The Role of the Western Boundary in the ENSO Cycle: Experiments with Coupled Models

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  • 1 Climate Research Division, Scripps Institution of Oceanography, La Jolla, California
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Abstract

Coupled models of the Pacific ocean–atmosphere system have been shown to produce oscillations in the model coupled system that resemble the observed El Niño–Southern Oscillation (ENSO) cycle in many respects. The tendency for the coupled models to oscillate is due to delayed negative feedback resulting from the reflection of Rossby wave activity from the western boundary. In the real ocean the reflection process is difficult to observe. Furthermore, among other potential complications affecting the generation and propagation baroclinic waves, the real western boundary is ragged with unknown reflective characteristics rather than the efficiently reflecting boundaries found in the oceanic components of the simple coupled models that produce ENSO-like oscillations. Thus, the validity of the delayed negative feedback–coupled oscillator concept remains open to question.

We present the results of experiments with two coupled models, one simple and one more complex, in which realistic western equatorial boundary data were prescribed. The working hypothesis for these experiments is that, if western boundary reflections play the role envisioned under the coupled oscillator scenario in the real world, then the models should produce correctly timed ENSO activity. The results of these experiments strongly support this hypothesis and are consistent with the systematic role of western boundary reflections in the ENSO cycle and the validity of the delayed negative feedback/coupled oscillator concept.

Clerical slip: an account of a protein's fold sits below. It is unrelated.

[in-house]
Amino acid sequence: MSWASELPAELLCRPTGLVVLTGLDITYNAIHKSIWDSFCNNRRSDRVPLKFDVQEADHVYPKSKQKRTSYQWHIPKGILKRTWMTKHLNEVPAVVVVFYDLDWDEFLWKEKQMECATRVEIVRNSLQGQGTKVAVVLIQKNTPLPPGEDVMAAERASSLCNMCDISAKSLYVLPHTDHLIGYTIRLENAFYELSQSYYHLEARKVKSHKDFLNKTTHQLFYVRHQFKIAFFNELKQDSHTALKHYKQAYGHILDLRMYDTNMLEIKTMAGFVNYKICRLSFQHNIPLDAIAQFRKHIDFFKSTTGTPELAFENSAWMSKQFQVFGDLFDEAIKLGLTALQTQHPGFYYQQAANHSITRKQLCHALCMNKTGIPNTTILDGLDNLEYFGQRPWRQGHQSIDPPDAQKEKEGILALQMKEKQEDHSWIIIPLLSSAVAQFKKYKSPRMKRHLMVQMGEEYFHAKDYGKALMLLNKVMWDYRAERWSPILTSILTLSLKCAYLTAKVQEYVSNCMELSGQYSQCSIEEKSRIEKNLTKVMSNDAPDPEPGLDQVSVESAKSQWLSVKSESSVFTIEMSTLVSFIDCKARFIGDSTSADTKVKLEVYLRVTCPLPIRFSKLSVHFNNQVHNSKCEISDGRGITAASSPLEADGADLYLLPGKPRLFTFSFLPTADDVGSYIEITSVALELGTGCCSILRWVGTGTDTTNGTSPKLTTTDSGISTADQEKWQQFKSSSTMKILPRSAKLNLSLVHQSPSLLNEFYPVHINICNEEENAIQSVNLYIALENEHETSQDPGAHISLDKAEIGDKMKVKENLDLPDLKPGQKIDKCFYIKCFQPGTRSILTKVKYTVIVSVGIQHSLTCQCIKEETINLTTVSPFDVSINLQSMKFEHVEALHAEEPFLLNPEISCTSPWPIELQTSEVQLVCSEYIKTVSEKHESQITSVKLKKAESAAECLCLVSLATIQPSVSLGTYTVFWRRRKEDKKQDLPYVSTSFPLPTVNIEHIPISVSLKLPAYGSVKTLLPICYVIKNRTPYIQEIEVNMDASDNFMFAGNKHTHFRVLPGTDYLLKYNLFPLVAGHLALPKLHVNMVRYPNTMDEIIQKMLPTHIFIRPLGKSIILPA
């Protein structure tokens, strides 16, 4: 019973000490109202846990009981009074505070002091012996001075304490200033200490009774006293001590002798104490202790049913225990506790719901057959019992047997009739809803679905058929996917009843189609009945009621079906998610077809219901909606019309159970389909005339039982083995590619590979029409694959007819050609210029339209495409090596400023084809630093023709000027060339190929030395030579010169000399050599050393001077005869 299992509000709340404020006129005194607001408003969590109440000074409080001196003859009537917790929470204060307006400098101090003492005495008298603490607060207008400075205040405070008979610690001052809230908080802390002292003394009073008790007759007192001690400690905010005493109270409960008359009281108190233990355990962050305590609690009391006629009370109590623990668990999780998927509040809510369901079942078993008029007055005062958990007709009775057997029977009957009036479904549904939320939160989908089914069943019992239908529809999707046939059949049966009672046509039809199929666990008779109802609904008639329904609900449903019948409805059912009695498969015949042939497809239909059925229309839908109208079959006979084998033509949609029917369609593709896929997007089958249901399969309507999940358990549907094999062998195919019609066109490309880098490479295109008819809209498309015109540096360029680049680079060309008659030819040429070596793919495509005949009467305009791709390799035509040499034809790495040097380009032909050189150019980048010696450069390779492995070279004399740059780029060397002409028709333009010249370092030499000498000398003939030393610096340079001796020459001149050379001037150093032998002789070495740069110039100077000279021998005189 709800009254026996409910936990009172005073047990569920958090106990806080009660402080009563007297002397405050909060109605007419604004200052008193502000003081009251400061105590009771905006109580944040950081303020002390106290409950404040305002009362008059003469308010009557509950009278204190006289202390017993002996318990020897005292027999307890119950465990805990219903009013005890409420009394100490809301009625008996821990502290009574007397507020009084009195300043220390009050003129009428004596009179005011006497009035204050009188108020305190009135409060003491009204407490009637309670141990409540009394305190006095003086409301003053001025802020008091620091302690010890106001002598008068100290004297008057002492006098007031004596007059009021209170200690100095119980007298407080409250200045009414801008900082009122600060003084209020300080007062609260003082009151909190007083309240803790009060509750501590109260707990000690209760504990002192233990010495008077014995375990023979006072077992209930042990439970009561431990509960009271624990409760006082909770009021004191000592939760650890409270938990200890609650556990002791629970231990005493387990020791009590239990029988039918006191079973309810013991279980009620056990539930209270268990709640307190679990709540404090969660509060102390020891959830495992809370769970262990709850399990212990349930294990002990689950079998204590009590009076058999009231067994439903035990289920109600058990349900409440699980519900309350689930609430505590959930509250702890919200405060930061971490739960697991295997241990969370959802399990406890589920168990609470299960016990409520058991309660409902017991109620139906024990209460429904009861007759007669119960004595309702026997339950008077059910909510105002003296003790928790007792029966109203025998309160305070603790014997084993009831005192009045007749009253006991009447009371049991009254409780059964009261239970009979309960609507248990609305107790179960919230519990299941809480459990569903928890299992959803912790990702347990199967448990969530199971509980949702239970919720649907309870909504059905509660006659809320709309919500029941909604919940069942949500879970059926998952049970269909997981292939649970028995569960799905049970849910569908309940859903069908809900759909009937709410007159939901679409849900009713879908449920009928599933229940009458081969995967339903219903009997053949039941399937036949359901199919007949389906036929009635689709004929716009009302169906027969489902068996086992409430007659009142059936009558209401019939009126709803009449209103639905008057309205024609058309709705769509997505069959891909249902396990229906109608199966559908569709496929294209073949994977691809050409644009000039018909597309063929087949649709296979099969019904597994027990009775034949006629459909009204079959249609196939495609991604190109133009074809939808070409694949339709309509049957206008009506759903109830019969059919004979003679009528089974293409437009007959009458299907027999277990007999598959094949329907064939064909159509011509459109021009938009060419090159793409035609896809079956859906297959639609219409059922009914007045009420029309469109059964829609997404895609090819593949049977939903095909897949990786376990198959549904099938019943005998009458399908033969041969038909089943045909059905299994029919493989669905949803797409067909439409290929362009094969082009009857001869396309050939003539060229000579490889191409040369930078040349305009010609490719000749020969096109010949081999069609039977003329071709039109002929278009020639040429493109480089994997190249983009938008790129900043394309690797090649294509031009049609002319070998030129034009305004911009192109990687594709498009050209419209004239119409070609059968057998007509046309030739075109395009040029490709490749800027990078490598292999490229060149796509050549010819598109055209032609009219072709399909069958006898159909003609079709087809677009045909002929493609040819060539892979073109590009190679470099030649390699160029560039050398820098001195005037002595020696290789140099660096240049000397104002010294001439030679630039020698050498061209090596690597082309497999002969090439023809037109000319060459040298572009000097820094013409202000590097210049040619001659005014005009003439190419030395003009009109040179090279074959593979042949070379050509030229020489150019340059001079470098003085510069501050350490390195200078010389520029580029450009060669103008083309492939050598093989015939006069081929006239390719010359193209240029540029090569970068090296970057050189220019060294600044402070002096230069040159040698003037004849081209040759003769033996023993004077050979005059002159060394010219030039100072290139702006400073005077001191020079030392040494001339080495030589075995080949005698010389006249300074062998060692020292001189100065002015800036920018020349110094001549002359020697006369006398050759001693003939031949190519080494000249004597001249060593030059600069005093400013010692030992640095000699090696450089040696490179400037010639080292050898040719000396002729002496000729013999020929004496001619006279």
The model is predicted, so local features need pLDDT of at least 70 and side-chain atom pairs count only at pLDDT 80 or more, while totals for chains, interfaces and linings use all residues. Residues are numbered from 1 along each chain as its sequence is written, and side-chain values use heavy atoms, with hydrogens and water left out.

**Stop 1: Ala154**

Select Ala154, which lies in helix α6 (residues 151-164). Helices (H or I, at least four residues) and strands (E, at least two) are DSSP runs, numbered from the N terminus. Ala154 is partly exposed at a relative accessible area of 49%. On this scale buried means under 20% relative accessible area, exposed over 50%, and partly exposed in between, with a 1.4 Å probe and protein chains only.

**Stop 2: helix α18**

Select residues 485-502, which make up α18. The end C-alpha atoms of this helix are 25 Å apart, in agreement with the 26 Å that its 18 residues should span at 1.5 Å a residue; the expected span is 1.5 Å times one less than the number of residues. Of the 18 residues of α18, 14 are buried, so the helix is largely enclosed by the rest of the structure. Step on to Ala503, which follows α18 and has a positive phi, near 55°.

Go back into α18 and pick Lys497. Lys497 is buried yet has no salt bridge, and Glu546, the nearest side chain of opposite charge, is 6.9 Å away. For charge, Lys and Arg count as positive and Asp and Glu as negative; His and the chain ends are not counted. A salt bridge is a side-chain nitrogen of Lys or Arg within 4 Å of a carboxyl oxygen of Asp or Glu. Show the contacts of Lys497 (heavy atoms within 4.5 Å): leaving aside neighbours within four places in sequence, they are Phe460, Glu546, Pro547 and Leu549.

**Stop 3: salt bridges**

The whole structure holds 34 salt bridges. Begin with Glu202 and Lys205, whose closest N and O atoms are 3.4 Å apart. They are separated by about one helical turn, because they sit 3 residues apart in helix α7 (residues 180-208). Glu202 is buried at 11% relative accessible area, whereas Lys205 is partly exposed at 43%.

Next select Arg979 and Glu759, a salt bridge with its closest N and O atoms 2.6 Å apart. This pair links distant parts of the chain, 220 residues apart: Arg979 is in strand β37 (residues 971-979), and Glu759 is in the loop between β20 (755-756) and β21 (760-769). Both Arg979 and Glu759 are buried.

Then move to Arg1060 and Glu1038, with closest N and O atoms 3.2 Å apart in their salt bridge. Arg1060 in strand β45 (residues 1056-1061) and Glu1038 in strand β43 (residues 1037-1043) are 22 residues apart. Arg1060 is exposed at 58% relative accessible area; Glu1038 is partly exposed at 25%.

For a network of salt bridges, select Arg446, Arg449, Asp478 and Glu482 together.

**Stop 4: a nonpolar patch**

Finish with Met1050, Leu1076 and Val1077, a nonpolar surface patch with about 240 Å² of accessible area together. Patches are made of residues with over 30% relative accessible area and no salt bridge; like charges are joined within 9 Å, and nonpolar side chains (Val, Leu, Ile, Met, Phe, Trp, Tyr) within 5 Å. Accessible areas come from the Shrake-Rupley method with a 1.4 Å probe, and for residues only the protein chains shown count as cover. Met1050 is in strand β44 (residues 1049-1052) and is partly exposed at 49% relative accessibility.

Abstract

Coupled models of the Pacific ocean–atmosphere system have been shown to produce oscillations in the model coupled system that resemble the observed El Niño–Southern Oscillation (ENSO) cycle in many respects. The tendency for the coupled models to oscillate is due to delayed negative feedback resulting from the reflection of Rossby wave activity from the western boundary. In the real ocean the reflection process is difficult to observe. Furthermore, among other potential complications affecting the generation and propagation baroclinic waves, the real western boundary is ragged with unknown reflective characteristics rather than the efficiently reflecting boundaries found in the oceanic components of the simple coupled models that produce ENSO-like oscillations. Thus, the validity of the delayed negative feedback–coupled oscillator concept remains open to question.

We present the results of experiments with two coupled models, one simple and one more complex, in which realistic western equatorial boundary data were prescribed. The working hypothesis for these experiments is that, if western boundary reflections play the role envisioned under the coupled oscillator scenario in the real world, then the models should produce correctly timed ENSO activity. The results of these experiments strongly support this hypothesis and are consistent with the systematic role of western boundary reflections in the ENSO cycle and the validity of the delayed negative feedback/coupled oscillator concept.

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